3 Creative homeschool activities to teach your child about the sea
One of the biggest challenges of homeschooling is keeping children constantly engrossed in learning something new. In order to solve this common dilemma, it is important to first understand the kind of approach that works for you and your children. It will help to do some evaluations before jumping headlong into a unit study.
Let’s say you are planning to study the sea. Oceanography covers a lot of sub-topics ranging from the ocean chemistry to marine biology. It might be difficult to know where to start. Before getting started, answer these questions: Does your child love going outside? Take him to the beach and give him a hands-on experience of the sea. Is he into reading? Give him a book with maps, images, and informative texts. Does he love to play while learning? Young children will appreciate ocean creature toys. Other than these, here are more creative ways to teach your child about the sea.
- Visit the tide pools. As the line goes, “the best thing you can do for your children is give them the space to explore.” Most beaches have tide pools that are safe spots for children. These are rocky pools on the seashore which are filled with water. If you are living in Orange County, you can take advantage of the home school activities in Corona del Mar. Tide pools usually occur two hours before low tide time so it’s best to check the tide time before visiting. Prepare your beach shoes for a bit of rock climbing. A hidden gem will await you at the Little Corona del Mar. By going to the tide pools, your children would see different sea creatures such as crabs, starfish, and sea anemones.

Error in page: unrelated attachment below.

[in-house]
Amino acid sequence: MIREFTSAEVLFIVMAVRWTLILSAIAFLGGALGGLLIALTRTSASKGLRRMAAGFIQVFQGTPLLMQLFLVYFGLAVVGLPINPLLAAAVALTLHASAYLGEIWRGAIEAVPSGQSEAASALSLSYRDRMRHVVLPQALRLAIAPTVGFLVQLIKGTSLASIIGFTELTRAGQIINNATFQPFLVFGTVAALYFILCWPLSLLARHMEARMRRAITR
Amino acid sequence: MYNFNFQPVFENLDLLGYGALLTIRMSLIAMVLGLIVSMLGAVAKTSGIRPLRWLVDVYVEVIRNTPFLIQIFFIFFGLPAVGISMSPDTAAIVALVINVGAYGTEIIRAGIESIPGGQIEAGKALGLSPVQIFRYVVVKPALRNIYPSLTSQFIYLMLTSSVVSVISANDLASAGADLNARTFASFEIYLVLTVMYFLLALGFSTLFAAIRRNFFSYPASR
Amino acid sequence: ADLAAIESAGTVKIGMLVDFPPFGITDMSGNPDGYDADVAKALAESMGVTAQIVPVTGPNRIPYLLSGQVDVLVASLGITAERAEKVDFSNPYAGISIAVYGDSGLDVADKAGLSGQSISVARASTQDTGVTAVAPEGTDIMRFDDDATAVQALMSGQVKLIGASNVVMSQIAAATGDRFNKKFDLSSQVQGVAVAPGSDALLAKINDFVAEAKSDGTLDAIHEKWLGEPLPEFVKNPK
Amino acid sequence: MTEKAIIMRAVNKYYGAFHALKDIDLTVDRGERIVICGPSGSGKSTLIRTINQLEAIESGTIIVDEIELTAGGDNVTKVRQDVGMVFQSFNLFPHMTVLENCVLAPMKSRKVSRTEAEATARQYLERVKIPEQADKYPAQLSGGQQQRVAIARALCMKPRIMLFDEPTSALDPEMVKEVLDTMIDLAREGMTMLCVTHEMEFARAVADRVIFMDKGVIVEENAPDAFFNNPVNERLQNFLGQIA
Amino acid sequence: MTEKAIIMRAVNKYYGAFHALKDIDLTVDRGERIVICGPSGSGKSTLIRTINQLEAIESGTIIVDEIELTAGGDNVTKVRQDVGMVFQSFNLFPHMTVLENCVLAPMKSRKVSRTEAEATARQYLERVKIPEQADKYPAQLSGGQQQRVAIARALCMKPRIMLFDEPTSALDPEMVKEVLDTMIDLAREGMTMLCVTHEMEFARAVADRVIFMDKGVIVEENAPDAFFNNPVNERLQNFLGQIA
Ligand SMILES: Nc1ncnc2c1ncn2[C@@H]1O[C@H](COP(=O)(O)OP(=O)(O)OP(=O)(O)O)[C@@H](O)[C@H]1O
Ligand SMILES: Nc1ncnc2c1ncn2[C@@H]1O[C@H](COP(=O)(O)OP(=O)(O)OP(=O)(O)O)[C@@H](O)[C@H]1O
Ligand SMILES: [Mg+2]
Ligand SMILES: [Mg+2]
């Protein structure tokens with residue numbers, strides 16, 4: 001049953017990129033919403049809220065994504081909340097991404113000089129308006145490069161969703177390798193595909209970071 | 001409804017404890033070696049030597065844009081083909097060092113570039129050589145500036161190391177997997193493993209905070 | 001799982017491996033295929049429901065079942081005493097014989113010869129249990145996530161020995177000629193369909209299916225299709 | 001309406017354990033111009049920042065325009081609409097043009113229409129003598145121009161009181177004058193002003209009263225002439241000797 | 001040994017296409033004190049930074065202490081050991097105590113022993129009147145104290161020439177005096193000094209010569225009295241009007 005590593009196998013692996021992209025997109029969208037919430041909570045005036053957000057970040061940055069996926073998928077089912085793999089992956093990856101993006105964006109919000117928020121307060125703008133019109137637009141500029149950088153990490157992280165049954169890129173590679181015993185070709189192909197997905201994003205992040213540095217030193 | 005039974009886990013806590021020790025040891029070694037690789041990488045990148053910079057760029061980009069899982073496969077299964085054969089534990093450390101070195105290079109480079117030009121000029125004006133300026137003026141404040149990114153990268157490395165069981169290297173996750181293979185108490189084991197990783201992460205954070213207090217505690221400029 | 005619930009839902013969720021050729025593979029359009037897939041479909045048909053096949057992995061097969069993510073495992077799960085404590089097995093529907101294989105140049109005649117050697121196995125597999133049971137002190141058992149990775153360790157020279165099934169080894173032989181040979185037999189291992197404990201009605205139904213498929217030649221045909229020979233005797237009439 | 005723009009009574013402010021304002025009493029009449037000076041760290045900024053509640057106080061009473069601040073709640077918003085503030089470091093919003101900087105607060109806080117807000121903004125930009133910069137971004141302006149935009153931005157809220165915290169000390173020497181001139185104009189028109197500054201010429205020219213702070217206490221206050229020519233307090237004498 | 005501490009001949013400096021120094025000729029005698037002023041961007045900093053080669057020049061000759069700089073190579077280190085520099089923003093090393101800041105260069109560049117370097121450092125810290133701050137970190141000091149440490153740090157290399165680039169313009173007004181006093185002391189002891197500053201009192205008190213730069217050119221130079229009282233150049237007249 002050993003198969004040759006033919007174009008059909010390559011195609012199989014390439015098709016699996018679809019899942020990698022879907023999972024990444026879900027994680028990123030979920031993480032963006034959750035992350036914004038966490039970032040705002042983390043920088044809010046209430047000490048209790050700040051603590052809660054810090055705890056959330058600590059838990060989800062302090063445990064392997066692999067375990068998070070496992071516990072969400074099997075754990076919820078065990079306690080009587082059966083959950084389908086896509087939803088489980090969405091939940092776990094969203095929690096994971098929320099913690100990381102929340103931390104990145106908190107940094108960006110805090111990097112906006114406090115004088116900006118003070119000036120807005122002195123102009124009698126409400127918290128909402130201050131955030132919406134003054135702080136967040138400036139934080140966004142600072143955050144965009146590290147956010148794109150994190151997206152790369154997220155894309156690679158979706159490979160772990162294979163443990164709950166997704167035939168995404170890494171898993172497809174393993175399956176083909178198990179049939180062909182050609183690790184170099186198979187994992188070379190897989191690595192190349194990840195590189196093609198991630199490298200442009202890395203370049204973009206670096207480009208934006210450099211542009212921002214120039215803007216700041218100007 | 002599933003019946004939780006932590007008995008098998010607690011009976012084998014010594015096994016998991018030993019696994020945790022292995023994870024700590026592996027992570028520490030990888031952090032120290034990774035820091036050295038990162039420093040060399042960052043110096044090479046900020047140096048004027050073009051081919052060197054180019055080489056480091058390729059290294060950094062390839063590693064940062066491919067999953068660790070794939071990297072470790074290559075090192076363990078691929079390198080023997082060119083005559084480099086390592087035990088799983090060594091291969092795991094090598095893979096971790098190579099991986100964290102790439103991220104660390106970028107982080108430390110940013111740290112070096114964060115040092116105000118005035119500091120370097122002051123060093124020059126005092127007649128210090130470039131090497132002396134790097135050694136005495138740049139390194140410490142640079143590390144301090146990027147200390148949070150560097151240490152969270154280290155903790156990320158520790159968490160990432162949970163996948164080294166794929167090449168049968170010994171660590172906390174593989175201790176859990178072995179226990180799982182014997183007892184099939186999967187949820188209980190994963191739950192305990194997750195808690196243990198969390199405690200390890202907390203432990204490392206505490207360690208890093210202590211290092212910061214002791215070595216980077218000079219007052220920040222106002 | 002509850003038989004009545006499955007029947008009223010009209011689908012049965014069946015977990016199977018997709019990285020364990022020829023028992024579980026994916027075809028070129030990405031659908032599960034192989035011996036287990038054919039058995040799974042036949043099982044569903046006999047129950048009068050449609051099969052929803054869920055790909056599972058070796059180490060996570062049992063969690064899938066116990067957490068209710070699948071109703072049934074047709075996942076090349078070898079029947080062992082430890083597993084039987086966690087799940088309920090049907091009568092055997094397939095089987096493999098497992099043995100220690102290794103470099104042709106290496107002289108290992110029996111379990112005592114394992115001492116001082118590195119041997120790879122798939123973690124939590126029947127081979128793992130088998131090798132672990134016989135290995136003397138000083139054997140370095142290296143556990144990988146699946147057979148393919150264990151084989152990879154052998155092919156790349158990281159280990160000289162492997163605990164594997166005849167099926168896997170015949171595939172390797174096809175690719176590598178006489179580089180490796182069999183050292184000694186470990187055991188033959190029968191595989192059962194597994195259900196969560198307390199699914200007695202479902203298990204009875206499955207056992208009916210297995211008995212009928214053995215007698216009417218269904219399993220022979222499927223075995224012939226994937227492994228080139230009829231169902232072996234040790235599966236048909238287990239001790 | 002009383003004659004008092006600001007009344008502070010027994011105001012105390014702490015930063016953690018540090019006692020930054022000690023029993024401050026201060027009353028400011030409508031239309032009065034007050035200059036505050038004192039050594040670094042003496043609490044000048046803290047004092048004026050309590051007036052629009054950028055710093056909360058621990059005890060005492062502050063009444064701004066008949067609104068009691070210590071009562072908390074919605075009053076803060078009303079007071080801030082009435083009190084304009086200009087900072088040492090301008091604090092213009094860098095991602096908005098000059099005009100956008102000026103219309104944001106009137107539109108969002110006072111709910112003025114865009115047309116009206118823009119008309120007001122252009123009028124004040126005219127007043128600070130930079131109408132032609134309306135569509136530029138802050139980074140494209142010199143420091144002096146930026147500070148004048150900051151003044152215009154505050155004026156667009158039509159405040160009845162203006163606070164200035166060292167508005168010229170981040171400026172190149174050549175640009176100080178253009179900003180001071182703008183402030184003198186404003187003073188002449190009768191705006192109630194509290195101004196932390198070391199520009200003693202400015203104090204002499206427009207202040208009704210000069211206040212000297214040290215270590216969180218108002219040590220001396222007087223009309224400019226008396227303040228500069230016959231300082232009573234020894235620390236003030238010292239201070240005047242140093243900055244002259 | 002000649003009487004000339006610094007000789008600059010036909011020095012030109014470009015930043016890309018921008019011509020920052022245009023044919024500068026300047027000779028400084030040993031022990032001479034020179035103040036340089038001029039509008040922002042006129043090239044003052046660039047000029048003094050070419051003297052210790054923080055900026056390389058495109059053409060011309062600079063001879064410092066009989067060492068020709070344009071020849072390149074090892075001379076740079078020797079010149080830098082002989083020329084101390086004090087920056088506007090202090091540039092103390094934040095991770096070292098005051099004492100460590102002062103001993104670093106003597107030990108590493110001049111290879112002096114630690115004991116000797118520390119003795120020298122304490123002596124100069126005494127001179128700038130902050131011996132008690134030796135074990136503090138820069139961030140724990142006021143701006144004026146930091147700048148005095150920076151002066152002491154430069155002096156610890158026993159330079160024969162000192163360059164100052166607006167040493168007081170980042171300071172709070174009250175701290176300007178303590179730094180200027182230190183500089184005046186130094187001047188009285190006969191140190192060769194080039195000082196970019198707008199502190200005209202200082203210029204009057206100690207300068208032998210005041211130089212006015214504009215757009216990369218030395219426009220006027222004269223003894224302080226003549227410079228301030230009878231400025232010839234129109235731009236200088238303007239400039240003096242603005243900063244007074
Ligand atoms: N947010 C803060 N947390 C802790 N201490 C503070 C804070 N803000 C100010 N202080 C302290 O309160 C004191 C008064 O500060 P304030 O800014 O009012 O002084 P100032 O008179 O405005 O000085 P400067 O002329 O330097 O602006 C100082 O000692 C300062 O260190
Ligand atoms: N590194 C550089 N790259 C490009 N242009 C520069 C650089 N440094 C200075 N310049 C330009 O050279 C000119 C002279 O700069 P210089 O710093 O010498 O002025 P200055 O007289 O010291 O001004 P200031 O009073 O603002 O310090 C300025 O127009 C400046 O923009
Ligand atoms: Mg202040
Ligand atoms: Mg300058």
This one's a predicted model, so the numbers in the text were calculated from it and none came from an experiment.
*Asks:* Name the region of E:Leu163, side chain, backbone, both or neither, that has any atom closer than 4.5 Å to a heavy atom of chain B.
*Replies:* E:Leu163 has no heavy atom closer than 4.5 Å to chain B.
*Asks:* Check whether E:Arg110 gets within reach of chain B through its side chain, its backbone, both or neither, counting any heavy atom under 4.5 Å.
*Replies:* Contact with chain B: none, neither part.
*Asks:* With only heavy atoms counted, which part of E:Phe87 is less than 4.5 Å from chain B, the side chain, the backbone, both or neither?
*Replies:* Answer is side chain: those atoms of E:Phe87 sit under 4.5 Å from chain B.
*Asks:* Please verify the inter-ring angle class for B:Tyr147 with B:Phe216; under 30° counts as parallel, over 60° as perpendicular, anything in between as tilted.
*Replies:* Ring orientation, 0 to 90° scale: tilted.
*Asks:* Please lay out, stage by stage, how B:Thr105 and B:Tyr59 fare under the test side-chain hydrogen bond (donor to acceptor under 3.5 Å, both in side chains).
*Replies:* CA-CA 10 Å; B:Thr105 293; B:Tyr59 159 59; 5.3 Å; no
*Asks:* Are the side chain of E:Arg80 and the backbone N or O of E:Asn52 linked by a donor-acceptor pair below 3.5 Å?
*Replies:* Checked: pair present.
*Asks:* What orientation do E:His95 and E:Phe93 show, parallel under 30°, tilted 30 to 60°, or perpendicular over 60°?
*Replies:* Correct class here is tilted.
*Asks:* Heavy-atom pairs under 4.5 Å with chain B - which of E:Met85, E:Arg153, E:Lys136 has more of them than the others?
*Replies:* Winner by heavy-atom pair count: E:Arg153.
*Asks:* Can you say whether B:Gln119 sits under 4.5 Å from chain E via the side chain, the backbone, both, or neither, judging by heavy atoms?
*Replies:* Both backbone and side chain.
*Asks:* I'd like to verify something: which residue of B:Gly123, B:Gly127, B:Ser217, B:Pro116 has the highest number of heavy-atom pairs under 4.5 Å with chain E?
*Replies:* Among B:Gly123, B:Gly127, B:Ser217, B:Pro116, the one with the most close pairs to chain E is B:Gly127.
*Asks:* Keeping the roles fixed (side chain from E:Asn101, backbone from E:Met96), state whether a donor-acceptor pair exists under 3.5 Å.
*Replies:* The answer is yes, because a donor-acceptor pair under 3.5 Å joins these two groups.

- Play Ocean-opoly. Ideal for children ages 8 and up, this board game works like Monopoly but with a twist. It features all kinds of ocean life with details about each one on the back of the deeds. Playing board games does not only improve children’s social skills, but also helps unlock their critical thinking skills.
- Watch videos about the ocean. Apparently, there are parts of the world that you would never see. As you go along, your child might ask about what the deepest place on earth looks like. Show him a documentary such as National Geographic’s “The Deepest Ocean In The World, Marianas Trench.” Watching real footage will make him feel like he is traveling there without the travel itself. Virtual field trips will give your child an opportunity to glimpse into places he dreams of visiting. Incorporating one or two documentaries in your unit study will help your child investigate marine life and ocean behavior.
Children have to learn the importance of the marine environment because these natural resources are part of their future. Studying the sea and its habitats will help your child understand the significance of oceans and habitats to us humans. Without the ocean and the marine life, we will not have a significant source of oxygen for our planet.